Baby Hunger Strike

We’re learning new things with Baby #2 . Sometimes you just expect because it was so easy, or it happened with your first sprog, if you mimic their upbringing, Baby #2 will act just the same way. But it definitely doesn’t work like that. For starters, how do you mimic their upbringing, when their environment is already completely different. They have an older sibling to interact with, something your first kid didn’t have.

Baby #2 might sleep in the same bassinet you used before, in hand-me-down pyjamas, with the same woollen blanket. Doesn’t mean she’s going to sleep the same. Just because your first kid ate and drank anything within reach, doesn’t mean Baby #2 will.

In fact, our Maia has been an utter mission to get to take a bottle! It’s been 5 months of breastfeeding on demand, which honestly is not a problem at all, but with my return to work date inching closer, it’s become a bit of a stressy need to get sorted. Otherwise little Maia will be heading off to the new daycare on a hunger strike.

A few months ago I naively bought the same bottle we used when Amelia was born, defrosted the milk from the freezer and left the kids with my parents for the evening while we went out for dinner and a movie. Got home to vomit everywhere (turns out Amelia had a tummy bug that night) and a little baby who had cried herself to sleep and refused the bottle all night. Fast-forward three months and we were still having the same issue. We bought different bottles, tried formula, different temperatures, different people trying to feed her. We poured a lot of unused defrosted milk down the drain – to the point where I was nearly crying over spilt milk. It was pretty sad.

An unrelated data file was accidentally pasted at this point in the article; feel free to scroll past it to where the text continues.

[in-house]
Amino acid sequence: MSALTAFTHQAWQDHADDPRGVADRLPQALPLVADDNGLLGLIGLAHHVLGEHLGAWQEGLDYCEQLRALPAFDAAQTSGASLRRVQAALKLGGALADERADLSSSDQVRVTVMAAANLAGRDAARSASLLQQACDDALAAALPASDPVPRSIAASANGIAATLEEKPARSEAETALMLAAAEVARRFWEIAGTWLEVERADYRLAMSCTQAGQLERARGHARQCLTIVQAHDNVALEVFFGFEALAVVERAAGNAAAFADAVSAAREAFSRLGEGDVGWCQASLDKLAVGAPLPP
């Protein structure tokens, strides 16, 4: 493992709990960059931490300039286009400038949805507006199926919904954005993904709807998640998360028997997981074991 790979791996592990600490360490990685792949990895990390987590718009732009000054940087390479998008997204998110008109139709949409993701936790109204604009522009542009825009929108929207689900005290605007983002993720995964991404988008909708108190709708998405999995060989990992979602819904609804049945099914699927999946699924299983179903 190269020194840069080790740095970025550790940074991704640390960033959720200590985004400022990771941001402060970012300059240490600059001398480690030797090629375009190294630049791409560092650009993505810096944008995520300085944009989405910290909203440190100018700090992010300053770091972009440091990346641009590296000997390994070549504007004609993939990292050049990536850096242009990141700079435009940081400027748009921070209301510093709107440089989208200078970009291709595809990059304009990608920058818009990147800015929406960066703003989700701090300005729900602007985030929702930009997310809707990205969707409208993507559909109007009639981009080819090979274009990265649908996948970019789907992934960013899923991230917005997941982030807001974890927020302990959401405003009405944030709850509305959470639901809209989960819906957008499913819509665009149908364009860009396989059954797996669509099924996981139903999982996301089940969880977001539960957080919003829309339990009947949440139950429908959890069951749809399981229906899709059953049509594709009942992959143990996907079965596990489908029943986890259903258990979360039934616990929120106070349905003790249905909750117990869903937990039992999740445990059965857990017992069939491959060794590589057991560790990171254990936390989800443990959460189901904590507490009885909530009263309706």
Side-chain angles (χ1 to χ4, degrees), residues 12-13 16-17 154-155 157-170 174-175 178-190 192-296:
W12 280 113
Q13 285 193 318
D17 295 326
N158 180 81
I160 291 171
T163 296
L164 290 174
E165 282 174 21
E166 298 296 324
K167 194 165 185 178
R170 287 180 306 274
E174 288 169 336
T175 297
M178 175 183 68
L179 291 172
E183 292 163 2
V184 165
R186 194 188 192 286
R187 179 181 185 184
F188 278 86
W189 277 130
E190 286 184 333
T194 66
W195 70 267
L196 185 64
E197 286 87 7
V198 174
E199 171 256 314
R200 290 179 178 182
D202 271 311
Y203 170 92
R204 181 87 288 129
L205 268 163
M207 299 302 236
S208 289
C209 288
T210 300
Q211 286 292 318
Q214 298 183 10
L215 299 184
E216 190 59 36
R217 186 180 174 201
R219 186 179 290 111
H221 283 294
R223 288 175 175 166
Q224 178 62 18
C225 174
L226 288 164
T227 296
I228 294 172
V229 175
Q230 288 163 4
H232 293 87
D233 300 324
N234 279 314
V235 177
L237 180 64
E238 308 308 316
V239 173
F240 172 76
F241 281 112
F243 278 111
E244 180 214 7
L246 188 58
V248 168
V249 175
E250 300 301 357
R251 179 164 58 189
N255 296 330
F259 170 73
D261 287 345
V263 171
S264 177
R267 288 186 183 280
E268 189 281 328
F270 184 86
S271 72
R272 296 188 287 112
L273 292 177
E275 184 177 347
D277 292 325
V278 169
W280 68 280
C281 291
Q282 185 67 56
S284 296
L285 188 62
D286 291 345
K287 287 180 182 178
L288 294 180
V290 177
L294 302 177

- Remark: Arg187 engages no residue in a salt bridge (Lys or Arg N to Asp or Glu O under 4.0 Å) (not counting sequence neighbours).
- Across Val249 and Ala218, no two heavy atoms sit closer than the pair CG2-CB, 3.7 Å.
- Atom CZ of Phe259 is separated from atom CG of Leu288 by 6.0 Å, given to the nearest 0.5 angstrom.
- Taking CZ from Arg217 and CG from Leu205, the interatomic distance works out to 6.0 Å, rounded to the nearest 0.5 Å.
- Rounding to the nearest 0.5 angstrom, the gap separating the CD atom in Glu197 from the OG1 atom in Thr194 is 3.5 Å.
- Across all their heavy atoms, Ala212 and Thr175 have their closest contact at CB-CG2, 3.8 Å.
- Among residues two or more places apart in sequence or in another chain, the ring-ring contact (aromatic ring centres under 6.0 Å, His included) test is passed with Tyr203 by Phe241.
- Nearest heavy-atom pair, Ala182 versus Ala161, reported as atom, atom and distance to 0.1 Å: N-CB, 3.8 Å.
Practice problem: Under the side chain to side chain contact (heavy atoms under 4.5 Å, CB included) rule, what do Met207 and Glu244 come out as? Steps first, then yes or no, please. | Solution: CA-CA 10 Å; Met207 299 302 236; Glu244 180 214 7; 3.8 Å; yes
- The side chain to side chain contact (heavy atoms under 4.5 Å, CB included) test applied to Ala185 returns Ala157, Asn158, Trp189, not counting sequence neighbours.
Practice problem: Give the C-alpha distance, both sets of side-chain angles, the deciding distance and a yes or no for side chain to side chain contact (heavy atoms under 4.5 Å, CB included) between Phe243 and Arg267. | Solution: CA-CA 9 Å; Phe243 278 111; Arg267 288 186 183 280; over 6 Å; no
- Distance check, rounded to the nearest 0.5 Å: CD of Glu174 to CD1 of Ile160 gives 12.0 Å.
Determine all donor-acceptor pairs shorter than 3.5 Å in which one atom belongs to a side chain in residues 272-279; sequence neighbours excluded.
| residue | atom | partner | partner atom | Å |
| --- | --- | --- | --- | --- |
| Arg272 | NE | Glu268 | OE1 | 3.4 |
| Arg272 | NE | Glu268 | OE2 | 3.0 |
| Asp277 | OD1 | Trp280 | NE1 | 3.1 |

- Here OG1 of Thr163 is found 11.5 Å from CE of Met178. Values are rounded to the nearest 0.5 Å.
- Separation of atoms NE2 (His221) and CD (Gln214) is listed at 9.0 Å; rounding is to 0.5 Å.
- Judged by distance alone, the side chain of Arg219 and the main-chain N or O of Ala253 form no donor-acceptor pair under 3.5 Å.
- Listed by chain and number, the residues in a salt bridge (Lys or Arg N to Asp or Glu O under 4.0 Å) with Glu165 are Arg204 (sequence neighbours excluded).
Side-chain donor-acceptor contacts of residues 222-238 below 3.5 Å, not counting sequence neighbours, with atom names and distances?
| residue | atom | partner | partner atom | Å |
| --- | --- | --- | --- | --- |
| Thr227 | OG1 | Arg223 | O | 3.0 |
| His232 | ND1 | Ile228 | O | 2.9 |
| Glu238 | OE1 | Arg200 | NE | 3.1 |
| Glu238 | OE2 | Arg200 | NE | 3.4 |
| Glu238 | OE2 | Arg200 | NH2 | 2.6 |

It actually seems like stress starts to intensify when you know you’re on a time limit, and you have no clue what will make it work. People have their ten cents of advice that they’re only too willing to give, but when you’ve exhausted all their suggestions, and all you’re left with is “just keep trying” it becomes a bit of an “aaaargh” moment.

So daily, we kept trying. Persevering, because really there was nothing else to do. Then finally, last week she took 150ml from a bottle! I have no clue what changed, maybe Amelia secretly told Maia the benefits of being able to have your milk and bottle too. All I can say is phew! I was seriously beginning to wonder if it would ever happen. It’s a great relief knowing she won’t starve herself on her two days at daycare. Now she just has to sleep there…

Anyway it’s probably been the biggest difference between the two girls that we’ve encountered thus far, and really forced us to remember just because something worked for Amelia, doesn’t mean it will work for Maia. And in the future it’ll probably be vice versa too. It’ll become even more important to remember  this as they get older and become their own individual little beings. They may look similar, but they’re completely different kids. So we should expect them to act, learn, or grow in the same way.


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